Sunday, June 4, 2023

A new antibiotic discovered with artificial intelligence can kill a deadly superbug

Scientist Denise Catacutan works on experimental antibiotic discoveries with the help of artificial intelligence. MCMASTER UNIVERSITY

With the help of artificial intelligence (AI), a group of scientists has discovered a new antibiotic that can kill a deadly species of superbug.

AI could be made to reduce a list of thousands of chemical compounds to just a few that have been developed in a laboratory.

The result was a powerful experimental antibiotic called abaucin, which must undergo further testing before it can be used in treatment.

Researchers in Canada and the United States say AI has the power to greatly accelerate the discovery of new drugs.

It’s the latest example of how powerful this tool can be in science and medicine.

Don’t be superbugs

Antibiotics kill bacteria. However, new ones are needed for decades, and bacteria are becoming more difficult to treat every day, since we already have resistance to antibiotics.

It is estimated that more than one million people a year die from infections caused by antibiotic-resistant treatment agents.

The researchers focused on one of the most troublesome species of bacteria: Acinetobacter baumannii, which can infect wounds and pneumonia.

Although you don’t hear it often, it’s one of three superbugs that the World Health Organization recognizes as a “critical” threat.

It is often able to bypass multiple antibiotics and cause problems in hospitals and nursing homes, where it can survive on surfaces and medical equipment.

Dr Jonathan Stokes, a researcher at McMaster University in Canada, describes this superbug as “public enemy number”, as it is “common” to find cases where “it is resistant to almost all antibiotics.”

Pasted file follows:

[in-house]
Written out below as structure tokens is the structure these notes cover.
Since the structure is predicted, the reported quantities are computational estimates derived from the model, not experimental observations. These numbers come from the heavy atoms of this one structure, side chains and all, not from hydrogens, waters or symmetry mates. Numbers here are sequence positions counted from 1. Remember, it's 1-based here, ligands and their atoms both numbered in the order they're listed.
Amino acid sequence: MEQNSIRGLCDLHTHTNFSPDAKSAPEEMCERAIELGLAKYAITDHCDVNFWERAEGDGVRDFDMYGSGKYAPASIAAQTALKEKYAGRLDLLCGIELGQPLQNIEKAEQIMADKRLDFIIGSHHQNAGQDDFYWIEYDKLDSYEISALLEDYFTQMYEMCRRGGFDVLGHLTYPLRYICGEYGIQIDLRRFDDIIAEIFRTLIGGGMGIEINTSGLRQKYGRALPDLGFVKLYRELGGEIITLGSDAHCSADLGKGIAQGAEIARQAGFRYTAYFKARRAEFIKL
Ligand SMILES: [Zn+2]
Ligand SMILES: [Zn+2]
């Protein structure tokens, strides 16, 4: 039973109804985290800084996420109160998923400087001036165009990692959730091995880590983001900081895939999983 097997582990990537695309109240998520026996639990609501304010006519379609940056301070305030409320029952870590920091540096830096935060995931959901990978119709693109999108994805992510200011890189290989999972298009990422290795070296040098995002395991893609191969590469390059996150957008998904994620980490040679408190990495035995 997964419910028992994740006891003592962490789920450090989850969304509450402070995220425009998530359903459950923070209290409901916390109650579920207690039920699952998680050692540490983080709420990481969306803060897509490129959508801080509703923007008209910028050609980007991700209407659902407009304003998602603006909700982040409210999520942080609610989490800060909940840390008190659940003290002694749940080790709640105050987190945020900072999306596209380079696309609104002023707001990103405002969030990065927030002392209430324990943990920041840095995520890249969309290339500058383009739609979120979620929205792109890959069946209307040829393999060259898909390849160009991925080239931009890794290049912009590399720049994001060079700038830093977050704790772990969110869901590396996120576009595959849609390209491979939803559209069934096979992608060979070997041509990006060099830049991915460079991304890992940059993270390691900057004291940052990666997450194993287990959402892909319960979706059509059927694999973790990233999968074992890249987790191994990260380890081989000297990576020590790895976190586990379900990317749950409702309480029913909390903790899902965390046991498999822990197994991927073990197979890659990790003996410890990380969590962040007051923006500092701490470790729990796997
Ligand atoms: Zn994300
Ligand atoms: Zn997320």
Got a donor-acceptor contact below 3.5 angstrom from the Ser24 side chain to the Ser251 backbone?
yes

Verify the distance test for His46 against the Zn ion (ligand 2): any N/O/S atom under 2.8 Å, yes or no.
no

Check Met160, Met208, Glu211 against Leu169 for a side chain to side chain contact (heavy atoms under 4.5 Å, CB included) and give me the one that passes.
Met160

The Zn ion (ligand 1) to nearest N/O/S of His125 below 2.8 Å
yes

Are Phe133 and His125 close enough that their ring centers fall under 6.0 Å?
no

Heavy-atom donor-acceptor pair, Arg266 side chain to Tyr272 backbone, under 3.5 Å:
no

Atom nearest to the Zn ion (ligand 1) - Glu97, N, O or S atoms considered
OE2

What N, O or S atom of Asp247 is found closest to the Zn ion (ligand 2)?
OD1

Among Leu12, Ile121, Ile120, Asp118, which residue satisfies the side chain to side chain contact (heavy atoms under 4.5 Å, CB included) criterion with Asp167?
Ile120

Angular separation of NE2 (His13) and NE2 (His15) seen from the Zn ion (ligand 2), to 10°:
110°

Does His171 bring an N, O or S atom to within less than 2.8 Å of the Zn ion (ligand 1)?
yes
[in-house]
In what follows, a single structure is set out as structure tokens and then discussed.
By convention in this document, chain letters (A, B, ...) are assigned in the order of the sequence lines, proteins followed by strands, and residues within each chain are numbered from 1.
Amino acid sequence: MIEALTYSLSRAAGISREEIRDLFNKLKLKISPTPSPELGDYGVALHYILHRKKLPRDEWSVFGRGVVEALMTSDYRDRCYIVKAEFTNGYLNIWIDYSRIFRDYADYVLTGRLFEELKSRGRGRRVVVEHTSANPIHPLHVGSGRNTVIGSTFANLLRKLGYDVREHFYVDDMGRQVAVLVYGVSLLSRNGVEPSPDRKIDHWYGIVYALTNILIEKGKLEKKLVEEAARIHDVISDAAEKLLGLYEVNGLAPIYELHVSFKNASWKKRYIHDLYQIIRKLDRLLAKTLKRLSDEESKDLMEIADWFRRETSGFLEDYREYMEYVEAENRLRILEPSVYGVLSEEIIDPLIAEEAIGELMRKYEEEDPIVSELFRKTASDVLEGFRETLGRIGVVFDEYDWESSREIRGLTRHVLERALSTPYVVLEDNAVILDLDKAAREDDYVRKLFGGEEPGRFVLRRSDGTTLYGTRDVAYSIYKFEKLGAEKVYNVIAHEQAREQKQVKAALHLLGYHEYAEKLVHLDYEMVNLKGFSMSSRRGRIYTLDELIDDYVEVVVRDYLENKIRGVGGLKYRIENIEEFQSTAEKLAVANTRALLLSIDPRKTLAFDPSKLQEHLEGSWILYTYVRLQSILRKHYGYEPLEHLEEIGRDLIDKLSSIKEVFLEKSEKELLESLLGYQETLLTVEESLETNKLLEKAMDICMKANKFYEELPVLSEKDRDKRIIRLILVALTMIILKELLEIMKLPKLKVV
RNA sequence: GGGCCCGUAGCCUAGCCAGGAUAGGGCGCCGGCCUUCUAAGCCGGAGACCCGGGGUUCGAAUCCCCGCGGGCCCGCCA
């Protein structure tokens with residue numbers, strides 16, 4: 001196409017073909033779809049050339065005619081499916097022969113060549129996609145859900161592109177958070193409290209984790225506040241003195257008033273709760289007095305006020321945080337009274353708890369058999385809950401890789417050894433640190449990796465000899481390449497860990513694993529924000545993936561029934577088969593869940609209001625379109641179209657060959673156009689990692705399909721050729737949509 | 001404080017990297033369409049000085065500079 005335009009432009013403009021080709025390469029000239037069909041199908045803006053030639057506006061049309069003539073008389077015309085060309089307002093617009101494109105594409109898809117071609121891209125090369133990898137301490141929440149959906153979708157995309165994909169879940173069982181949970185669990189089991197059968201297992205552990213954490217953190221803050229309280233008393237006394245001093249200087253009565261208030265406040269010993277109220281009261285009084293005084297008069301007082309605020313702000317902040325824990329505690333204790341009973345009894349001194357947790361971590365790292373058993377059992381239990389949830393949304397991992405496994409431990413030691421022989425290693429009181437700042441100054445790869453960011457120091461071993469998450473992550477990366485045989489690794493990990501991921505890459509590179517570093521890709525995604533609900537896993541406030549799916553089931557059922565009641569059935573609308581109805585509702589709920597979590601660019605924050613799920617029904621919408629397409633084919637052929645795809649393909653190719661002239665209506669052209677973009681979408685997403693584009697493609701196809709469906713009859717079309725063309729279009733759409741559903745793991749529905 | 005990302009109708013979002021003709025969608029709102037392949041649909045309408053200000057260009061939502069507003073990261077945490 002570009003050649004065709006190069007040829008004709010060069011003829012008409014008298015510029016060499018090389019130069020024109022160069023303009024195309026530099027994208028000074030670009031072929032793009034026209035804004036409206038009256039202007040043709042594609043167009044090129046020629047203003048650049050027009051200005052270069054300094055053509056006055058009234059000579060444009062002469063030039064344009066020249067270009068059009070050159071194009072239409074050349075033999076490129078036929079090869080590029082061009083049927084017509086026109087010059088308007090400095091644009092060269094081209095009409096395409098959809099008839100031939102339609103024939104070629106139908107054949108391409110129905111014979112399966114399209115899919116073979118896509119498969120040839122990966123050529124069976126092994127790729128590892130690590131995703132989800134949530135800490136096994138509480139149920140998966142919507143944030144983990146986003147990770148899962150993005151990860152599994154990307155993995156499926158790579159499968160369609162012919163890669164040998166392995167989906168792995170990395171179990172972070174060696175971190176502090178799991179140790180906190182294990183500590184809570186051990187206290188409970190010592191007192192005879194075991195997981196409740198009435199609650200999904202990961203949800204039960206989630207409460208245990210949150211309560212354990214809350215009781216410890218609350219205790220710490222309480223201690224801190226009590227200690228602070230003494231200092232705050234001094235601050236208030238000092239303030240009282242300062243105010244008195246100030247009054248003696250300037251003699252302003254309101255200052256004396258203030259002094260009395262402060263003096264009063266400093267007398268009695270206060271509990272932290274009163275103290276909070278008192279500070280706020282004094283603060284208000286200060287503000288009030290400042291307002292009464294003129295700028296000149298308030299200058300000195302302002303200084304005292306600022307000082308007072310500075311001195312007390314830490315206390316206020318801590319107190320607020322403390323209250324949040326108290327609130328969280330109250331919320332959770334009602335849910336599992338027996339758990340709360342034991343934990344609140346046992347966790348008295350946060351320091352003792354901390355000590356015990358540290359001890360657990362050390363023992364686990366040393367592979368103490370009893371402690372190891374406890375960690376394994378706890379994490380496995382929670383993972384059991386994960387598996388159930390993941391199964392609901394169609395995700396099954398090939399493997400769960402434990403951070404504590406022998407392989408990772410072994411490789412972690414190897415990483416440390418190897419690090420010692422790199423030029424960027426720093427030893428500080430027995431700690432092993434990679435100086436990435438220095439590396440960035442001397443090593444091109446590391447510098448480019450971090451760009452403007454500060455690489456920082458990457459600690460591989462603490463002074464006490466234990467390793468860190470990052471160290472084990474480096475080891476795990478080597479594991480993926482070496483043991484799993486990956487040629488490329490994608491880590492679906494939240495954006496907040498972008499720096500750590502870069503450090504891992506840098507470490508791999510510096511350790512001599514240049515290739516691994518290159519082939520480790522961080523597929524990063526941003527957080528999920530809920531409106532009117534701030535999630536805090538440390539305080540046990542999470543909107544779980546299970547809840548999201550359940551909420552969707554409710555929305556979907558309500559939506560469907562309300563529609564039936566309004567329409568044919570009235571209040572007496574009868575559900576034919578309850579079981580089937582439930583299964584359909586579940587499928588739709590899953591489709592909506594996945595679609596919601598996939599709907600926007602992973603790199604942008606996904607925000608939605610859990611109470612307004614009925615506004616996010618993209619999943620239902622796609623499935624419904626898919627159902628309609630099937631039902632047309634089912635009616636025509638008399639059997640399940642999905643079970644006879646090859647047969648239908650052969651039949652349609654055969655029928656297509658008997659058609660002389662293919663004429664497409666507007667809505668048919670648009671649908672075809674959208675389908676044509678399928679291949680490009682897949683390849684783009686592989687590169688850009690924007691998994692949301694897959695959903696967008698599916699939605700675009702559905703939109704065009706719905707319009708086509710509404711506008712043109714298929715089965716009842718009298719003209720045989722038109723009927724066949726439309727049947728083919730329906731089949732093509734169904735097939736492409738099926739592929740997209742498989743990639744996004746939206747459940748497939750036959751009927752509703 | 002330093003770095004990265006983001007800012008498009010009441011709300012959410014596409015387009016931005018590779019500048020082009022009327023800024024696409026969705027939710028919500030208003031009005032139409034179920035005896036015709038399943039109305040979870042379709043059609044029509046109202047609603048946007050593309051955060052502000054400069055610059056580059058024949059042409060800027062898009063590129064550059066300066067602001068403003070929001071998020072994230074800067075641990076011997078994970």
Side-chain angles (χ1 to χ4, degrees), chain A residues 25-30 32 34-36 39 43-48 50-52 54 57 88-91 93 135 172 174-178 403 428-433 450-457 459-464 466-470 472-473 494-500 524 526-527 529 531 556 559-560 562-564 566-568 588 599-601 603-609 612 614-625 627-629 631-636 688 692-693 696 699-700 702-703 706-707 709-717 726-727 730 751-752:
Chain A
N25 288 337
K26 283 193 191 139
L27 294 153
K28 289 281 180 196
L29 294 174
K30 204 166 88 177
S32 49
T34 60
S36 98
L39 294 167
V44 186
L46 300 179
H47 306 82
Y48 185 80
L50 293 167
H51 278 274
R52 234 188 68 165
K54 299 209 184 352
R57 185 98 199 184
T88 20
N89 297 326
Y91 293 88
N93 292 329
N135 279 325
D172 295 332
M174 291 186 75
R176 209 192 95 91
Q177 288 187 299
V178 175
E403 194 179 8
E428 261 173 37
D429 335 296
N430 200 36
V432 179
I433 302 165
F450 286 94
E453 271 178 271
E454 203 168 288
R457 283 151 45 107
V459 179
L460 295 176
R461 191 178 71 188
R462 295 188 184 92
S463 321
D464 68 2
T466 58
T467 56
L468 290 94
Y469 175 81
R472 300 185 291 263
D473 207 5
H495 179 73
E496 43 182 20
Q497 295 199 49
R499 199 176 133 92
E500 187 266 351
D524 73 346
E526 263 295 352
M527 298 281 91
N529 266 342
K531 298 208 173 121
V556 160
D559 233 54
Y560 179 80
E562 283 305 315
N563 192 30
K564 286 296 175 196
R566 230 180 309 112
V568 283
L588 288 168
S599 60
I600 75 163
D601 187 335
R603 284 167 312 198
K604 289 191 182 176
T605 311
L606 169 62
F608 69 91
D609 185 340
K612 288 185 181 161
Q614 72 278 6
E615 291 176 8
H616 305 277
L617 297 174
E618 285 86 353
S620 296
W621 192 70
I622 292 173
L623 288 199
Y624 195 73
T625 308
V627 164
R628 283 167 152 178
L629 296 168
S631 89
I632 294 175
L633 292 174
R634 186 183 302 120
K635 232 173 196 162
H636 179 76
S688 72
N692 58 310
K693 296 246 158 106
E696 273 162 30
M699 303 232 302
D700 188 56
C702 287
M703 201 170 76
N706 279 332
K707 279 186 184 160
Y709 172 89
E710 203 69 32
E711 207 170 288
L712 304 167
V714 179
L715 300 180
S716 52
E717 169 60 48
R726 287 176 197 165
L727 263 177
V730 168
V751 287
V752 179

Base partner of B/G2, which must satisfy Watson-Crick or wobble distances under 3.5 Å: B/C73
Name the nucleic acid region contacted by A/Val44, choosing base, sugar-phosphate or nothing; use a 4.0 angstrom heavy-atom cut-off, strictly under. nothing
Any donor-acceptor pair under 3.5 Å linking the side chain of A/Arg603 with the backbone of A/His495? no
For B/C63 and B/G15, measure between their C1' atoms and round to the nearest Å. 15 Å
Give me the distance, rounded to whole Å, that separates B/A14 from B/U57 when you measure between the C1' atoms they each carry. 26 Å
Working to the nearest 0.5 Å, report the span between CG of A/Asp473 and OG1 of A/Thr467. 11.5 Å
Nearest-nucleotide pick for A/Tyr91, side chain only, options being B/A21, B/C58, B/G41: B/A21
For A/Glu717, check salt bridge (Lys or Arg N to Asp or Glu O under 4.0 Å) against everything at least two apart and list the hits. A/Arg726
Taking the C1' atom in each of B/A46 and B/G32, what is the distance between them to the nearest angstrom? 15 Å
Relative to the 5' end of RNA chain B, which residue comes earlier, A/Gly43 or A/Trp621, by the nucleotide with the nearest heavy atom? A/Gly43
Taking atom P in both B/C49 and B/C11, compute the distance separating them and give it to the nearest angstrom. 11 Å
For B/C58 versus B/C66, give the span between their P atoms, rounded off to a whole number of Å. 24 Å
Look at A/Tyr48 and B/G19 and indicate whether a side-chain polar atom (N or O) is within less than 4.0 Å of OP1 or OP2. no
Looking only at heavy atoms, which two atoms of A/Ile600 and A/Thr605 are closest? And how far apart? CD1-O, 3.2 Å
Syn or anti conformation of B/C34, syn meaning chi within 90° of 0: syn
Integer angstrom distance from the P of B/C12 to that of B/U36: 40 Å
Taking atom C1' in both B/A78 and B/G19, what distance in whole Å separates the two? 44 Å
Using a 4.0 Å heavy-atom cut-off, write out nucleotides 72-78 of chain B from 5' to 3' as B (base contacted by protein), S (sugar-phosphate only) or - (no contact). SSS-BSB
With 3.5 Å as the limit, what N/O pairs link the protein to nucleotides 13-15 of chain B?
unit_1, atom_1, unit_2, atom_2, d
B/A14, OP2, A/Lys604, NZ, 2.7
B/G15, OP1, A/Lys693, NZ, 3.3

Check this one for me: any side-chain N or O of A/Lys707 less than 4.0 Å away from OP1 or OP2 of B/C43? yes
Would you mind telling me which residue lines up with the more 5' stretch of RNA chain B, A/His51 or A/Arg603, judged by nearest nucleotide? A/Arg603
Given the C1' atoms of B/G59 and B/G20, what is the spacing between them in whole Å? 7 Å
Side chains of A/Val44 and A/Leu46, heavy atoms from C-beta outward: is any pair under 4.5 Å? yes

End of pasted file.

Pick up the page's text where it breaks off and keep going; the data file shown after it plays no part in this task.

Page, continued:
Dr. Jonathan Stokes describes the superbug Acinetobacter baumannii as “Public Enemy Number.” MCMASTER UNIVERSITY

Artificial intelligence

To find a new antibiotic, researchers first used AI. They took thousands of drugs, whose precise chemical structure was known, and manually screened Acinetobacter oeni to identify which one could slow down or kill the superbug.

This information was fed into the AI ​​to learn the chemical characteristics of the drugs that could target the bacteria.

The AI ​​then reported a list of 6,680 compounds whose efficacy was unknown. The results, published in the scientific journal Nature Chemical Biology, show that it took the instrument an hour and a half to produce the short list.

The researchers tested 240 in the lab and found nine potential antibiotics. One of them was the powerful antibiotic abaucin.

Laboratory experiments have shown that wounds in infected mice can be treated and samples of A. baumannii can kill patients.

“This is when the work starts,” Stokes said.

The next step is to develop the drug in the laboratory and then conduct clinical trials.

Stokes warns that the first antibiotics discovered with the help of AI can be prescribed until 2030.

Interestingly, this experimental antibiotic had no effect on other bacteria species and only worked on A. baumannii.

Many antibiotics kill bacteria indiscriminately. The researchers believe that abaucin’s precision would make it more difficult for drug resistance to develop and could lead to fewer side effects.

Bacteria are grown in the laboratory. GETTY PICTURE

In principle, the AI ​​could detect tens of thousands of potential compounds, which cannot be done manually.

“AI increases the rate and, in a perfect world, decreases the cost of finding these new classes of antibiotics that we desperately need,” Stokes noted.

Researchers have approved the use of AI in the discovery of antibiotics with E. coli bacteria in 2020, but now they are focusing on other infectious agents: Staphylococcus aureus and Pseudomonas aeruginosa.

“This discovery further supports the premise that AI can significantly accelerate and expand the search for new antibiotics,” said Professor James Collins at the Massachusetts Institute of Technology.

“This groundbreaking work will help show that we can use AI to combat problematic pathogens like A. baumannii,” he added.

Nation World News Desk
Nation World News Desk
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